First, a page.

I have been toying with the idea of a social media down day ever since a tutor at university spoke of his own positive experience. Sunday past seemed like the perfect day to give it a go, not only because I already associate Sunday as a kind of down day, but also because I have just completed my first week studying mindfulness. I began the online mindfulness course because I often struggle with anxiety. Anxiety, for those who have experienced it, can be debilitating; exhausting on the mind and the body. For myself, I experience social anxiety, dread and an inability to rest; my thoughts go into overdrive and I feel them crashing together. My usual “go to” is social media where I can loose myself amongst everyone else’s lives – in other words I detach myself from myself. I knew something had to change; there had to be another way of dealing with my anxiety. Then right on time, along came an e-mail telling me about a free course with Future Learn – Mindfulness.
Mindfulness (and remember I am still learning) is learning how to be present in our experiences, an, in our lives. Even on my non anxious days I am constantly distracted by social media, not because it is a riveting alternative to real life, but because it is a filler. For me, Facebook more so than any other social media platform, fills the time between breakfast and walking the dogs or when the dinner is cooking, or basically whenever I have a spare moment. E-mail is another source of distraction, as a writer, I find myself falling into the trap of checking my e-mail whenever I have a spare minute; I send between five and fifteen pieces of writing to magazines and competitions every quarter so am always waiting on reply. So, when I sat down and really thought about it, it seemed that I had forgotten how to just sit and do nothing. Thus, the idea to go ahead with the social media down day was decided.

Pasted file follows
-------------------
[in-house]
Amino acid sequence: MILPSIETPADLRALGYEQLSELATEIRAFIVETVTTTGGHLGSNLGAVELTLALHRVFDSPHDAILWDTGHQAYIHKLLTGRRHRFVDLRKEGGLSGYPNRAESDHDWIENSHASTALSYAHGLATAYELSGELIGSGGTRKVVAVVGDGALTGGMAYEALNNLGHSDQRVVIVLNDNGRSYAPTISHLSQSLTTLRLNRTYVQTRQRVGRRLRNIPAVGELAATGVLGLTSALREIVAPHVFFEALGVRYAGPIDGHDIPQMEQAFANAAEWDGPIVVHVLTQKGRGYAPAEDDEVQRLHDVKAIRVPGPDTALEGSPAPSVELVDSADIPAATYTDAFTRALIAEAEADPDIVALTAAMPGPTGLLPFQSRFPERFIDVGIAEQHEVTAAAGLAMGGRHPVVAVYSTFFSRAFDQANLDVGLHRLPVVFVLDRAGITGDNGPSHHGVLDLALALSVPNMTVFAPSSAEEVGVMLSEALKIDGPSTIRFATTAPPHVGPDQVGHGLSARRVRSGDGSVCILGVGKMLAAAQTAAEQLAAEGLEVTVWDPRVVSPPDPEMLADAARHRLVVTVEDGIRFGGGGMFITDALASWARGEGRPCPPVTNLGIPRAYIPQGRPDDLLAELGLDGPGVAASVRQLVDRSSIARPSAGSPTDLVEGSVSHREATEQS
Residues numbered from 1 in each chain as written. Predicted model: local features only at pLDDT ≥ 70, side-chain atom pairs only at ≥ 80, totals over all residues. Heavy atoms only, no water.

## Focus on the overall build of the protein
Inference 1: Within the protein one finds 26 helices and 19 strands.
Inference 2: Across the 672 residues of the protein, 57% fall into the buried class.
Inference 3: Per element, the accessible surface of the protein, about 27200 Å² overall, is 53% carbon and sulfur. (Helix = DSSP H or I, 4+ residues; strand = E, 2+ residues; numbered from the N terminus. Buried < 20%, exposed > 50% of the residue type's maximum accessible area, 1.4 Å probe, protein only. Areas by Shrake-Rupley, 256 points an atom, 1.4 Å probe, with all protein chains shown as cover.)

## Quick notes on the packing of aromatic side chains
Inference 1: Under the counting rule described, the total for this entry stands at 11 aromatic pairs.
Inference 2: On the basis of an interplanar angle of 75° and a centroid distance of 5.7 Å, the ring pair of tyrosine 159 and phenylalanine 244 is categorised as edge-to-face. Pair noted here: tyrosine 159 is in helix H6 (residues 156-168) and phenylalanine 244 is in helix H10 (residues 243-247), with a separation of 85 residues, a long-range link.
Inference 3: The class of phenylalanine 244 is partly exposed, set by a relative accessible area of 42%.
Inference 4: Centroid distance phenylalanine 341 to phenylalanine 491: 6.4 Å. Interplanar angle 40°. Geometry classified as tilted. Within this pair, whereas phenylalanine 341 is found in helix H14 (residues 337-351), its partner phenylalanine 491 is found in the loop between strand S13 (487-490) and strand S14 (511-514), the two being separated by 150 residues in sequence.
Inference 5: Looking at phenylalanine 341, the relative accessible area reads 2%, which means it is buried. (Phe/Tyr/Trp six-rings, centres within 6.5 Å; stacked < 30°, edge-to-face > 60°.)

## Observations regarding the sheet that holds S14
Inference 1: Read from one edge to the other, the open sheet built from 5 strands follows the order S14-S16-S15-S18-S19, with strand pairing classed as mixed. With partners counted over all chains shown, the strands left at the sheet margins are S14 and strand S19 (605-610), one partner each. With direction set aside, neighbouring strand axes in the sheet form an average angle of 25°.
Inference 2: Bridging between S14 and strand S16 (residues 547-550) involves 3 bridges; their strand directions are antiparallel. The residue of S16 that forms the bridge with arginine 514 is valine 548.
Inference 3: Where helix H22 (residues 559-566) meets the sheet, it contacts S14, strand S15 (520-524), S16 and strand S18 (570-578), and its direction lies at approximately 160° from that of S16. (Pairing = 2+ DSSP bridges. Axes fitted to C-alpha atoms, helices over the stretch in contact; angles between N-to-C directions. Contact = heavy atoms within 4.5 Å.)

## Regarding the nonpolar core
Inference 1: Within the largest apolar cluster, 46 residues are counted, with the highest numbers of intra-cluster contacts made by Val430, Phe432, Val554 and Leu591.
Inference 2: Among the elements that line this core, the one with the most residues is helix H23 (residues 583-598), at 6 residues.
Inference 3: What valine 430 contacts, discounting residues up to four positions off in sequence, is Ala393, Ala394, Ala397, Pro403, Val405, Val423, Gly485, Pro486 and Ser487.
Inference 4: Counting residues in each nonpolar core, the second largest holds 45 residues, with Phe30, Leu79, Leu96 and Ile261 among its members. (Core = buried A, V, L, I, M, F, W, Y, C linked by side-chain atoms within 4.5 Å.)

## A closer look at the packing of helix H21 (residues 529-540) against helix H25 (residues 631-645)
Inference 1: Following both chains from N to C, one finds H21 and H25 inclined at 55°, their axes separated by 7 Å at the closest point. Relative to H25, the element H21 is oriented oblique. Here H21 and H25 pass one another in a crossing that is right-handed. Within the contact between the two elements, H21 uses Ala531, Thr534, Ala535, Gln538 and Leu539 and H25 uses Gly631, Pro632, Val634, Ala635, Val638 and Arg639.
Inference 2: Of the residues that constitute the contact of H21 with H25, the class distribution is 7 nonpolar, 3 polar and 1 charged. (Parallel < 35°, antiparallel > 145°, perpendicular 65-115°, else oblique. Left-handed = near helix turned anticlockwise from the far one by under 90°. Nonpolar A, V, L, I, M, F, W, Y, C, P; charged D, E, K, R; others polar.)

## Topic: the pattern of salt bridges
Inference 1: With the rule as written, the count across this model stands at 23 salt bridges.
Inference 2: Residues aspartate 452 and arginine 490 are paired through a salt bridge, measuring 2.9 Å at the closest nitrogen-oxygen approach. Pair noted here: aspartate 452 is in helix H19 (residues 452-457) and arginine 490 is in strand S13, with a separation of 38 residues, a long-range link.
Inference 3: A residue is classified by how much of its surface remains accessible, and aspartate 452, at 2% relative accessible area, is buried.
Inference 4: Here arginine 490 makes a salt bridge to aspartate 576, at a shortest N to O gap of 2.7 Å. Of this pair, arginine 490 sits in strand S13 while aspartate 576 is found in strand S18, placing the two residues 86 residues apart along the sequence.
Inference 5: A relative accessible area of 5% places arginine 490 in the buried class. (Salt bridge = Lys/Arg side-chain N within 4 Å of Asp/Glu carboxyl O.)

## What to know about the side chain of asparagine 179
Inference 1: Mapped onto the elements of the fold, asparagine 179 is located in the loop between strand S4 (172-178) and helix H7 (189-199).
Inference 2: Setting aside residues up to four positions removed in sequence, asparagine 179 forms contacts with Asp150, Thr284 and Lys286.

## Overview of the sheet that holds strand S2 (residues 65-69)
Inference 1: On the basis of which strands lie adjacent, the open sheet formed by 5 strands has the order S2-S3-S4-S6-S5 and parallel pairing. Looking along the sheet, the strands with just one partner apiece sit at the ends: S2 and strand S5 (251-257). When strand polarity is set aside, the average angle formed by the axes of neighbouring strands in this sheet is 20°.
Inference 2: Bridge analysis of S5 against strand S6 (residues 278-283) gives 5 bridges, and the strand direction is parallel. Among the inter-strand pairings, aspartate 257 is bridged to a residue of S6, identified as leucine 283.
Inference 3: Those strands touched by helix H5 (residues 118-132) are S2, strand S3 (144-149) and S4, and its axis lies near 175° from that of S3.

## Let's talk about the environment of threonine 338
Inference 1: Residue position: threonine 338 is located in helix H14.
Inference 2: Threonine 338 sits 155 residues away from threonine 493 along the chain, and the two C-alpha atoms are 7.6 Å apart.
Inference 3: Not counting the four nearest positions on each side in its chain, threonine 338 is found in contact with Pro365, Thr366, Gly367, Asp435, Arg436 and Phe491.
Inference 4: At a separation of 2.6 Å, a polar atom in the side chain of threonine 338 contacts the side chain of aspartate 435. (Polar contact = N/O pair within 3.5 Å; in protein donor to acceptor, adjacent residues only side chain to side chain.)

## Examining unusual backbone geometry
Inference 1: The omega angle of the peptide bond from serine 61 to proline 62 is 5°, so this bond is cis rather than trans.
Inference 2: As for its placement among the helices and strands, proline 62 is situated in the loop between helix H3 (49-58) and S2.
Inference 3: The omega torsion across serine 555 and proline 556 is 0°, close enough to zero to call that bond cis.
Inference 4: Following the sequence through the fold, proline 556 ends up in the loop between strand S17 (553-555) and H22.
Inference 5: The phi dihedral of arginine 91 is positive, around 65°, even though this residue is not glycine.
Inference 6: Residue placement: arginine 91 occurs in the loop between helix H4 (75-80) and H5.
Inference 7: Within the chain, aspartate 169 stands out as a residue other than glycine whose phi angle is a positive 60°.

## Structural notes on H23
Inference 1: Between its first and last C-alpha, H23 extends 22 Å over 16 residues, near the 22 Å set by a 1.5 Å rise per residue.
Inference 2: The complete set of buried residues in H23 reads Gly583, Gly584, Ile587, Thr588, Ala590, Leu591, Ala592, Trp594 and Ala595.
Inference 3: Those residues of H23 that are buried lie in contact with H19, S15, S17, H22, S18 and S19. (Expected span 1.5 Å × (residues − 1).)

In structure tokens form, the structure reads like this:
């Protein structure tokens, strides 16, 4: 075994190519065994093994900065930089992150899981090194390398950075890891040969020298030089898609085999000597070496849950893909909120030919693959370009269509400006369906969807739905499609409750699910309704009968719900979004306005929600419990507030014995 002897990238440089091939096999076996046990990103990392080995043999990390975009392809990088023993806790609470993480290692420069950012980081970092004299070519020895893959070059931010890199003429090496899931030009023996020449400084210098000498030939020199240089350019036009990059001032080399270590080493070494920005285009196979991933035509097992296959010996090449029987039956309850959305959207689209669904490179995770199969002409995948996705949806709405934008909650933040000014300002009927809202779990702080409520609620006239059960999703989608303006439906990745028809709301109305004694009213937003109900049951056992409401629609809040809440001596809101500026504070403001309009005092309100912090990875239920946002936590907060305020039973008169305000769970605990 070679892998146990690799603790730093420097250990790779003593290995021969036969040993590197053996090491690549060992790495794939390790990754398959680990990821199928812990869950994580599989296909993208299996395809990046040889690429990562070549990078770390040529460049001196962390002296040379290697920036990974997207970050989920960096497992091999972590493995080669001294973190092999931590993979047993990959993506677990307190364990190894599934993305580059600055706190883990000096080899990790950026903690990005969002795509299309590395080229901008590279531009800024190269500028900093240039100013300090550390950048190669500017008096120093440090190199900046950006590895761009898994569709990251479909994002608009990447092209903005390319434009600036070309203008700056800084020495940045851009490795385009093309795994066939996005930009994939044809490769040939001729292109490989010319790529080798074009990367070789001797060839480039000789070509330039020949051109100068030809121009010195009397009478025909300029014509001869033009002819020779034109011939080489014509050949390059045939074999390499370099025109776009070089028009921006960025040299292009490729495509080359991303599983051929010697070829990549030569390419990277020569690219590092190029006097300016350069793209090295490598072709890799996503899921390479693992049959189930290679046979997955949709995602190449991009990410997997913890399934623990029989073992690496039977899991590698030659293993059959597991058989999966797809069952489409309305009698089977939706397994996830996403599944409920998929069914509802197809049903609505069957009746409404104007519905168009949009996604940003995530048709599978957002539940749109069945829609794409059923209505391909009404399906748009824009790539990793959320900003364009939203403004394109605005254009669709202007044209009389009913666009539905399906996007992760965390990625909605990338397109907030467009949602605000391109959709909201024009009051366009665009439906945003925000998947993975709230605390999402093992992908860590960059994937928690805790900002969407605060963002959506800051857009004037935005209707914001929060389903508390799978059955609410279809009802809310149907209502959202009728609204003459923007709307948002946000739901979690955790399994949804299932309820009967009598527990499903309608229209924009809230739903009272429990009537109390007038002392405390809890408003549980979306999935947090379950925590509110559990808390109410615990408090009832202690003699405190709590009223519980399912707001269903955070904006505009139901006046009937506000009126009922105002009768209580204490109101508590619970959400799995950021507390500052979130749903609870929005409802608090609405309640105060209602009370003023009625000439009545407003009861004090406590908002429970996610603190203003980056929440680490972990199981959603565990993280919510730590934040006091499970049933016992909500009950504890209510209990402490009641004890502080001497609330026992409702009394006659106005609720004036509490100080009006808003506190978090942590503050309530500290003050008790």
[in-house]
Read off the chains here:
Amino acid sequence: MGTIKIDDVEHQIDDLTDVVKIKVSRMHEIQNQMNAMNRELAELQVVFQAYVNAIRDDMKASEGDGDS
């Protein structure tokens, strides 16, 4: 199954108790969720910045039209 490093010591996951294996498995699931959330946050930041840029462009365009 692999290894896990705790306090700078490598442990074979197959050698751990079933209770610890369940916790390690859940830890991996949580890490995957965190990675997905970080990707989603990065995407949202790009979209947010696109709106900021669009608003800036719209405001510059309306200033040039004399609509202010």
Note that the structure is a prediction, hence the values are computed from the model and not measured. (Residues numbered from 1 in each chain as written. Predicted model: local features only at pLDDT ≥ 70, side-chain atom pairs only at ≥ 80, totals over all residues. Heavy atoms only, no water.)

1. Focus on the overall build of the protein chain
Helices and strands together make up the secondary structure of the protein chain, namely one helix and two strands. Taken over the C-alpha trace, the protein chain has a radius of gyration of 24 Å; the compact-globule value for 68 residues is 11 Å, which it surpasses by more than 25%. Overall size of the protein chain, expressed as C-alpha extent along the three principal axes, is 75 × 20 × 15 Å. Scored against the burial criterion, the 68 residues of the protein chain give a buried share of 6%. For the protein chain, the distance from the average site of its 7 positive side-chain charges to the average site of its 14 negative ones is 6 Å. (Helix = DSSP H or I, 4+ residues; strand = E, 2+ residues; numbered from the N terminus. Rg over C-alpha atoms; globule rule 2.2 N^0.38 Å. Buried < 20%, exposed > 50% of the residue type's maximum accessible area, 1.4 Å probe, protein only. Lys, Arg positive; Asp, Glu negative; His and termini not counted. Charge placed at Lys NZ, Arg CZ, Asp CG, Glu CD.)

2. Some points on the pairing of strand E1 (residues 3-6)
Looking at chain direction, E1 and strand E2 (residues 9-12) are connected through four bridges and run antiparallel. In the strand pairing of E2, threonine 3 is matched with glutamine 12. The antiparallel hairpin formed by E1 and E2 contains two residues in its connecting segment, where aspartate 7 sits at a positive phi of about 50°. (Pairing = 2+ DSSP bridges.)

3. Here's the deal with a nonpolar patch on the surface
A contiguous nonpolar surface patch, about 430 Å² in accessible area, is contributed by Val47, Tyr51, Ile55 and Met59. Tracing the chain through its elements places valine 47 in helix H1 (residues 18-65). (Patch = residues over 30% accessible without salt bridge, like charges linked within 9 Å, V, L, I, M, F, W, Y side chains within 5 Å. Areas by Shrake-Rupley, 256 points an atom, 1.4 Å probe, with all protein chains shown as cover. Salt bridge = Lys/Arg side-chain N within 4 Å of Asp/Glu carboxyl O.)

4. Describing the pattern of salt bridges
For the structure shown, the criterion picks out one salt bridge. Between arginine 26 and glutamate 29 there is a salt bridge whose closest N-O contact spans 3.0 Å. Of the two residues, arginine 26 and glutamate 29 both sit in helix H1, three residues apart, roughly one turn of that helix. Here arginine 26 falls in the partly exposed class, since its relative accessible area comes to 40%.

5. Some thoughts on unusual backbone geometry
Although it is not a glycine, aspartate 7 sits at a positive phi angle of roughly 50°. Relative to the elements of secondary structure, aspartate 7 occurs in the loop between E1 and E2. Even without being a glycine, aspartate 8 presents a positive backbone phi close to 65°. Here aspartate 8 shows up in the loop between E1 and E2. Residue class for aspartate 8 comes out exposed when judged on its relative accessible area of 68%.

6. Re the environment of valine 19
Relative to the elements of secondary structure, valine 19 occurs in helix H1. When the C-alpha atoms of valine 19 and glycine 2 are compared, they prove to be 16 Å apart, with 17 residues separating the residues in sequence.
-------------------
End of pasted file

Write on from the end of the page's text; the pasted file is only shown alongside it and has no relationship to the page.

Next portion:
Sunday 11th February
It is amazing how your hand automatically reaches for your phone in the morning. I decided to turn my internet off so that I wouldn’t receive any notifications tempting me to pick it up. Once that was done, I put my phone on my writing bureau (it usually sits on the arm of the sofa) and got on with my day. I found myself enjoying really quite mundane things such as putting the clean washing away – not only did I tidy my wardrobe; I re-arranged it. Then I decided on a few items that were ready for the charity shop. It was nice to take time to look at my clothes properly, to see the nice items that I have purchased over the winter (mostly from charity shops or from sales), and appreciate what I have..
Lunchtime was interesting; I found myself looking at my lunch rather that looking at my phone while eating lunch – it is amazing how much better food tastes when you look at it and pay attention to what you are eating.